Types of fuses will be a benefit for us to learn before buying and using them. For every application, there will be different fuse to use.
What is a Fuse?
A fuse is an electrical, electronic, or mechanical device that protects circuits from overcurrent, overload, and ensures circuit protection. Thomas Alva Edison devised the electric fuse in 1890.
Fuse comes in a variety of shapes and sizes, but they all serve the same purpose. The numerous varieties of fuses, their manufacture, working and operation, and their application in various electronics and electrical systems will be discussed in this article.
What is the Fuse Symbol?
There are electrical symbols for fuse from different standards:
Why do we Need Fuses?
These are used to protect home equipment from harm caused by high current or overload. When we utilize a fuse in our homes, electrical problems in the wiring are prevented, and the appliances are not damaged by wire fires.
When a fuse is blown or damaged, an abrupt sparkle occurs, which can cause immediate damage to your home appliances. That is one of the main reasons why we need different types of fuses to protect our home appliances from damage.
For circuit protection, fuses come in a variety of shapes and sizes.
Amperes are the most common unit of measurement for fuses. Despite the fact that their operation is based on the self-generation of heat in the presence of additional current via their own created electrical resistance.
This is usually accomplished by keeping the fuse wire length as low as feasible. Because wire length is independent of current rating values, the shortest wire length imposes the shortest resistance value.
Construction of a Fuse
A common fuse is made up of a low-resistance metallic wire that is encased in a non-flammable substance. It is used to connect and install in series with a circuit and device that needs to be protected from short circuit and over current.
If the fuse and circuit breaker are not present, the electrical appliance may be damaged because they are unable to handle the excessive current according to their rating limits.
How Does a Fuse Work?
The basic function of a fuse is to break the circuit if it draws more current than it should, preventing harm from short circuits.
The most basic types of fuses are made up of a resistive element that has been carefully chosen for its melting point. When a current runs through this element, a minor voltage drop is formed across the element (small enough that the circuit downstream is unaffected), and some power is dissipated as heat.
As a result, the element’s temperature rises. This temperature increase is insufficient to melt the filament at normal currents. The melting point is quickly reached if the current draw exceeds the fuse rated current. The circuit is disrupted when the resistive element melts.
The rated current is determined by the thickness and length of the resistive element.
To generate predictable trip currents, fuse elements are constructed of zinc, copper, silver, aluminum, or other alloys. Over time, the element must not oxidize or corrode.
A fuse’s functioning concept is based on the “Heating Effect of Current,” which states that whenever a short circuit, overcurrent, or mismatched load connection occurs, the fuse’s thin wire melts due to the heat generated by the heavy current passing through it.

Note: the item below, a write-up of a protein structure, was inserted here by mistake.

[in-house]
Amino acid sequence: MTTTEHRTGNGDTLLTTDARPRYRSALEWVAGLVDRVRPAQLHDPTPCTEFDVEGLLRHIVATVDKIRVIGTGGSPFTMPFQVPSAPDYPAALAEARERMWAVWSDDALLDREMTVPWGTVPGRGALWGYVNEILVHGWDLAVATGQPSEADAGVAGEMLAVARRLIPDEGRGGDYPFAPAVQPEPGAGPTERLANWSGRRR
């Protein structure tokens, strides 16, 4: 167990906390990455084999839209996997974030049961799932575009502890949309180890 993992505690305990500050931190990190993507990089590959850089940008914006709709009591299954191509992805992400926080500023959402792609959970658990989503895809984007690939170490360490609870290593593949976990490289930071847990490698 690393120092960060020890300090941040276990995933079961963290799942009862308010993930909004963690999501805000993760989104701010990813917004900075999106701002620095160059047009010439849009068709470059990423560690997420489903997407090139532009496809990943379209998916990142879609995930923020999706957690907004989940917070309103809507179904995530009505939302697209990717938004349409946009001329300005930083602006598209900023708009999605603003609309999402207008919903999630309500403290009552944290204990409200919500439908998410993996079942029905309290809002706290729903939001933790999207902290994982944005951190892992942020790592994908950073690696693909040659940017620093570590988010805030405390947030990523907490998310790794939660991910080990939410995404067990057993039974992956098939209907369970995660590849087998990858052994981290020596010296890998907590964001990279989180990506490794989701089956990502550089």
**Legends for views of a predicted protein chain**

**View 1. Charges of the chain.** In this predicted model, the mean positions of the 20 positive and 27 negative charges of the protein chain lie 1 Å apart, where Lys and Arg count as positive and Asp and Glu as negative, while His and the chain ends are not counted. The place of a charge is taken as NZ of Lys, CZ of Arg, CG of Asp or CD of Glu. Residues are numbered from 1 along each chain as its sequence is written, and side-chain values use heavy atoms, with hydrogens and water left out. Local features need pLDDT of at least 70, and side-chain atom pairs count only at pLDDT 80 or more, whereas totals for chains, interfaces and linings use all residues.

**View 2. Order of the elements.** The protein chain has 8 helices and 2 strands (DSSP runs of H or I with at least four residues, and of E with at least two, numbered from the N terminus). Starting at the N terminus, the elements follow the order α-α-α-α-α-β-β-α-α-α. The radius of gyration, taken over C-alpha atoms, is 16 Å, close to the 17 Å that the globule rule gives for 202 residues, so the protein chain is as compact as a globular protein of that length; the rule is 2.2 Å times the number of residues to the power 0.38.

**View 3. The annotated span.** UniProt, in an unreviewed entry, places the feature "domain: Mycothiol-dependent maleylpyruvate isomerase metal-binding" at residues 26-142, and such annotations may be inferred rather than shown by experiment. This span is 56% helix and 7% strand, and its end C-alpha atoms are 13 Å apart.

As a result, the power supply to the linked system is disconnected. Fuse wire is only a very low resistance component in normal circuit operation, and it has no effect on the normal operation of the system connected to the power source.
How to Choose a Fuse Rating
Different considerations and surroundings must be considered when choosing the right fuse and its rated size for electrical products. However, the formula below demonstrates how to select the proper fuse size.
Fuse Rating = ( Power / Voltage ) x 1.25
For example, you have to find the right size of fuse for a 10A two pin socket.
(1000W / 230V ) x 1.25 = 5.4A
The power rating in the aforementioned example is 1kW, which may be managed via the 2 pin socket, and the main supply voltage is single phase 230V AC (120V AC in US).
However, for safe and reliable operation of the circuit, you should use the maximum fuse rating, which is 6A instead of 5.4A.
Read also : low pass vs high pass filter
Characteristics of Fuses
Different types of fuses can be listed on the following characteristics:
- Voltage Rating of Fuse
- Current Rating of Fuse
- Response Characteristic
- Packaging Size
- I2t Value of Fuse
- Classification of function
The following is a basic description of the categories mentioned above.
Voltage Rating of Fuse
There is a maximum voltage rating that a fuse can safely take, therefore expect the current capacity of current. Different quantities of isolation are necessary in different fuses working on different voltage levels.
For example, a fuse intended for 32 volts cannot be used with 220 volts. A fuse can be classified as HV (High Voltage), LV (Low Voltage), or Miniature Fuses depending on the voltage rating.
Current Rating of Fuse
The amount of current that a fuse can easily carry without breaking the circuit is known as its current carrying capability.
Capacity to break:
Breaking Capacity is the greatest current that may be safely stopped by the fuse and should be more than the potential short circuit current.
The amount of electricity running through the fuse’s wire determines how quickly it blows. The faster the response time, the higher the current flowing through the wire.
The response time for an overcurrent incident is represented by the response characteristic. Ultra fast fuses, also known as Fast fuses, are fuses that respond quickly to an overcurrent condition. They’re employed in a lot of semiconductor devices because they’re easily harmed by too much current.